GDPR regulation is less than a year away, and too many companies are sticking their corporate heads in the sand, warned Andrea Ward, a lawyer with ten years experience covering data protection.

"You need to be wary about consent," warned Ms Ward, Senior Associate, McGuireWoods London LLP. She was speaking at the GDPR Summit London, where she rammed home the importance of preparing for GDPR.

The fines for failure to comply are potentially crippling - up to 20 million euros or four per cent of turnover - of course, "but to begin with,?companies need to assign responsibility and prepare an information audit," suggested the employment law lawyer.

She also warned that GDPR doesn't only apply to EU based companies, but to the processing of personal data of data subjects who are in "the Union by a controller or processor not established in the Union."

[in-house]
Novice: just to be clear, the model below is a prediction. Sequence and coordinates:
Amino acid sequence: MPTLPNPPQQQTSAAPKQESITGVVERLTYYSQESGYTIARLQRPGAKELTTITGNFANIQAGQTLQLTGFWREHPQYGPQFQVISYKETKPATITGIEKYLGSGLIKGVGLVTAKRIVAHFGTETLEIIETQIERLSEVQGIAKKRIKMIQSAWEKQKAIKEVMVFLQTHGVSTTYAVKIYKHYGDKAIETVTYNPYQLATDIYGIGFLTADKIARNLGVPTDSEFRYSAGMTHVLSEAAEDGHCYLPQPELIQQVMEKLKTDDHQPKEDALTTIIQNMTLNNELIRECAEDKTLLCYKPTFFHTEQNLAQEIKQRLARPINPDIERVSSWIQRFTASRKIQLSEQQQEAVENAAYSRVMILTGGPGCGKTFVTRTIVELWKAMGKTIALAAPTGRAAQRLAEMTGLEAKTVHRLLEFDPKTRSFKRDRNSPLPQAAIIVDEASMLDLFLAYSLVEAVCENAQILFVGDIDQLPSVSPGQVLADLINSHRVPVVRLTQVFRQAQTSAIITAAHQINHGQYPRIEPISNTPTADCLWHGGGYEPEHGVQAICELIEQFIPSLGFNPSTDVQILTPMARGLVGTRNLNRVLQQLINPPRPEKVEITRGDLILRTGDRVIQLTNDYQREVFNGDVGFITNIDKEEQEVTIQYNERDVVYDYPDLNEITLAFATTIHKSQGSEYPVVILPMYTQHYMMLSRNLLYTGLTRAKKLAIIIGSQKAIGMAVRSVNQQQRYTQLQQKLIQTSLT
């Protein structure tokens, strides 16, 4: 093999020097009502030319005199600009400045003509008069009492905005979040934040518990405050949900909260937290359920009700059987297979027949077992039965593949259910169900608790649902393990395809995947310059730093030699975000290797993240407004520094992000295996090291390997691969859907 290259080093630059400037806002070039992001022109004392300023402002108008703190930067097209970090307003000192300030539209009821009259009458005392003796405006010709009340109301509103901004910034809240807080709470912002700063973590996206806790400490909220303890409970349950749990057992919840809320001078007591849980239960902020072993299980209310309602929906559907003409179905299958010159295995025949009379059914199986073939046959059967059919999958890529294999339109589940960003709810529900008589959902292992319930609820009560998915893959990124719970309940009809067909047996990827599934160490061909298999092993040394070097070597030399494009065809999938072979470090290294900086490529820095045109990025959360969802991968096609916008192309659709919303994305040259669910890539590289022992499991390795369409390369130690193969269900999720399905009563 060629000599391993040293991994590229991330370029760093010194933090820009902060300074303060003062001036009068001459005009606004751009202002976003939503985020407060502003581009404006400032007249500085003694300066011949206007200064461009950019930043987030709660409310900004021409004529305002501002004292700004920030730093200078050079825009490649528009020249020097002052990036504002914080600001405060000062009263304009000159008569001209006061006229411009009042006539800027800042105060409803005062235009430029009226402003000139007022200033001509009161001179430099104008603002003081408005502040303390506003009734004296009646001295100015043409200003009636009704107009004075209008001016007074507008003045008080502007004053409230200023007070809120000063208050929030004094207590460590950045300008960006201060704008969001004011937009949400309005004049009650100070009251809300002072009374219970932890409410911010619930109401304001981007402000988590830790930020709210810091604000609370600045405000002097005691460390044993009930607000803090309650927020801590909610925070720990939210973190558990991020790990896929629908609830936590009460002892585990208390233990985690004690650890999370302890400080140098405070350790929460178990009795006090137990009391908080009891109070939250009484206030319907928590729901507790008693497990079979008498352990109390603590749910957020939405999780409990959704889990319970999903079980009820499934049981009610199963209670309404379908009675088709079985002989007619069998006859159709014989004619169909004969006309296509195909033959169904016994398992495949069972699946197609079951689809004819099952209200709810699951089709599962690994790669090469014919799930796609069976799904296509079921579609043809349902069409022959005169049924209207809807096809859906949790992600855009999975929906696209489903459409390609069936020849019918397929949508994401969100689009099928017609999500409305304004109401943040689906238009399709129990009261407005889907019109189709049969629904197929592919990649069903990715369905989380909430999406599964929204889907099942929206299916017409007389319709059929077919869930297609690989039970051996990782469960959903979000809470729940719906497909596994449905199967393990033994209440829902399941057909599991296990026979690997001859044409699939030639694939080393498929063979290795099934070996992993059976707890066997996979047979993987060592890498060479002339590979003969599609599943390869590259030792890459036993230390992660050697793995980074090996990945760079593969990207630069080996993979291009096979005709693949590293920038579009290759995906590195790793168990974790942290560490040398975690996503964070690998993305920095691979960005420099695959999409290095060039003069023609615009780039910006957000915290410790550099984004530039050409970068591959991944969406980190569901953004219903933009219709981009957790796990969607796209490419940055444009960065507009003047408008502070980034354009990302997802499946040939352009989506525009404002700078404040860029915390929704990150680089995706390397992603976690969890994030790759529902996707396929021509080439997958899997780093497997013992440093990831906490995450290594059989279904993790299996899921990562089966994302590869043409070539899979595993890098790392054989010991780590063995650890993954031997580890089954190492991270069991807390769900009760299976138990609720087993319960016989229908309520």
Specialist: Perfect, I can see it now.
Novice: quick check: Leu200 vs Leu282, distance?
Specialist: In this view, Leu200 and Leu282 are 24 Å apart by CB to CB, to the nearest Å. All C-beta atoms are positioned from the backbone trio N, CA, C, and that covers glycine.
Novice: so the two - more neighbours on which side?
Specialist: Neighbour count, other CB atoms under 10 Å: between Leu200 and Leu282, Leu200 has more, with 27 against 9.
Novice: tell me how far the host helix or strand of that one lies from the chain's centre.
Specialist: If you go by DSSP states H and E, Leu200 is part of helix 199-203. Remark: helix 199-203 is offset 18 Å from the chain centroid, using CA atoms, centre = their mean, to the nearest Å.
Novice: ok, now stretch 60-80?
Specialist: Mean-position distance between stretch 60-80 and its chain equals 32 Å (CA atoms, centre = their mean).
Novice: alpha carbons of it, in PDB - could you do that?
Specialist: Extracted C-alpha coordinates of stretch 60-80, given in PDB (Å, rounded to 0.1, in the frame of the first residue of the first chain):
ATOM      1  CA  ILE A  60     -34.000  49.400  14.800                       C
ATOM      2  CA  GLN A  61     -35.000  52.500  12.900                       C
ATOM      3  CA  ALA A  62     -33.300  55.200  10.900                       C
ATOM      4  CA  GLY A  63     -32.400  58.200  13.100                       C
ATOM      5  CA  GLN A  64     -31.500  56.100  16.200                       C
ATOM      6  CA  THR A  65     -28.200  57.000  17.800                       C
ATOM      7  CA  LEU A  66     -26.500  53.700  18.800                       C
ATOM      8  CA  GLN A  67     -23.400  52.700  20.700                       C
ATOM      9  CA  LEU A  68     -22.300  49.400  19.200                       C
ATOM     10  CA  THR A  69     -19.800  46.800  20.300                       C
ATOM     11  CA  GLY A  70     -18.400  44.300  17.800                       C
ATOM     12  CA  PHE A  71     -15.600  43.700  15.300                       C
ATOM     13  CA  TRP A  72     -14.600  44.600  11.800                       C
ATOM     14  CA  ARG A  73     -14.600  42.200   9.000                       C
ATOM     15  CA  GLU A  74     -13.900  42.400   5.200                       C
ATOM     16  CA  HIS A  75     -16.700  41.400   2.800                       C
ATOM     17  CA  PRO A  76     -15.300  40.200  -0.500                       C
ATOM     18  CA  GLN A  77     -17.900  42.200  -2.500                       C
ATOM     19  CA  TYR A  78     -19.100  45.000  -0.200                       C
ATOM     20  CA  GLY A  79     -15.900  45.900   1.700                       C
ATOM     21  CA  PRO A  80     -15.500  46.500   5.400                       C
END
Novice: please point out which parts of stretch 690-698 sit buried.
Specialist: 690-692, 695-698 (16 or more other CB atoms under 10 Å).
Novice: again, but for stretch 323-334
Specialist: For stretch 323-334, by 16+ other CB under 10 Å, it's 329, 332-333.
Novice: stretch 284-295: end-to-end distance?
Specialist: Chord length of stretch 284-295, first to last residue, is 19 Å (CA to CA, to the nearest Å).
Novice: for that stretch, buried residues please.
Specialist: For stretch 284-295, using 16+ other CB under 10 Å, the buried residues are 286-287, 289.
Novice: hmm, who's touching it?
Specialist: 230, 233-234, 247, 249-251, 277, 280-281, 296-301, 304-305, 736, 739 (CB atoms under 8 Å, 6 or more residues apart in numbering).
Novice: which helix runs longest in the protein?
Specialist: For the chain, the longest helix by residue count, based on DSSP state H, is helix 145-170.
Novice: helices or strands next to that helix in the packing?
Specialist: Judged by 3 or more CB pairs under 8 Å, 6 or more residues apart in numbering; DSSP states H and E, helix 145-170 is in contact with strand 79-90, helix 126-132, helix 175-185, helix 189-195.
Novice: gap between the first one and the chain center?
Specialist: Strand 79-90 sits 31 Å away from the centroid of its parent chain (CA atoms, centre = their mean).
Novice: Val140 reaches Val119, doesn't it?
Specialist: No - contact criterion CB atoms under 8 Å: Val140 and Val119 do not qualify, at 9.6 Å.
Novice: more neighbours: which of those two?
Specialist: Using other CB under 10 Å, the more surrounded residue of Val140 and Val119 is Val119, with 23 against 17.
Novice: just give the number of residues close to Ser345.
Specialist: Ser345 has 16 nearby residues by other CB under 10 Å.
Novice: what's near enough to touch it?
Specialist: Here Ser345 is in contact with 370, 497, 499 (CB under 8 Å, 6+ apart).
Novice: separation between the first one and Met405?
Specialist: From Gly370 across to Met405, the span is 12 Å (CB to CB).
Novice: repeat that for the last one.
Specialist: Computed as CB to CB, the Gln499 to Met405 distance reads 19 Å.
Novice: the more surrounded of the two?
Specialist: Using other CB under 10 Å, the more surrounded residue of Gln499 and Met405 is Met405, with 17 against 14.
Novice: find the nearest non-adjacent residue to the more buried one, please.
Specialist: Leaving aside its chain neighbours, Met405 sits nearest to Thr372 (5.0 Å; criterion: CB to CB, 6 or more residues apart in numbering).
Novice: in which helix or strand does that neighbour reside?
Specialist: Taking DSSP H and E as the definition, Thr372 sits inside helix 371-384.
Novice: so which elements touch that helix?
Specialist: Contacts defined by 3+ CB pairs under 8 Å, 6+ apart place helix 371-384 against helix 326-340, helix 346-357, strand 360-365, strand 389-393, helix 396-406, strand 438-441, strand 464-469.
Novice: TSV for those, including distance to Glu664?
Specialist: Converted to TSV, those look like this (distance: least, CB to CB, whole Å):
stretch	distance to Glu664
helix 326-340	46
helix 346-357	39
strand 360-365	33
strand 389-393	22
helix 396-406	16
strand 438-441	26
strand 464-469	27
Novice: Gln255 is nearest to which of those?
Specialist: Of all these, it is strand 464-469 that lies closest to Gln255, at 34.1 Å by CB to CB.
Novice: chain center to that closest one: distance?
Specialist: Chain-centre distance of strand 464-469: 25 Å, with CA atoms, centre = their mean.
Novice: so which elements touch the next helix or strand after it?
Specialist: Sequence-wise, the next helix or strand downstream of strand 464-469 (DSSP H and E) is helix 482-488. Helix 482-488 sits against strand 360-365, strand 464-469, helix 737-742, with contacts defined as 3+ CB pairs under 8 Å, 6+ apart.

Turning to consent, she emphasised that it must be "freely given, informed, specific and explicit" and can not be"Implied."

In practice this "requires a clear statement; or affirmative action" and must be "distinguished from other matters."

The consent must be "Intelligible and in easily accessible form, with clear and plain language."

The regulation also requires that the 'controller' - that's the individual or indeed group of individuals responsible for overseeing GDPR compliance - must "demonstrate that data subject has given consent, inform the data subjects that they have the right to withdraw consent at any time, and it must be as easy to withdraw, as it is to give consent."

That's just a small part of course, the basics of GDPR compliance are easy to understand said Ms Ward, but if the devil is in the detail, then companies who are not prepared need to be devilishly quick in changing that.

For more on GDPR check out the GDPR Report and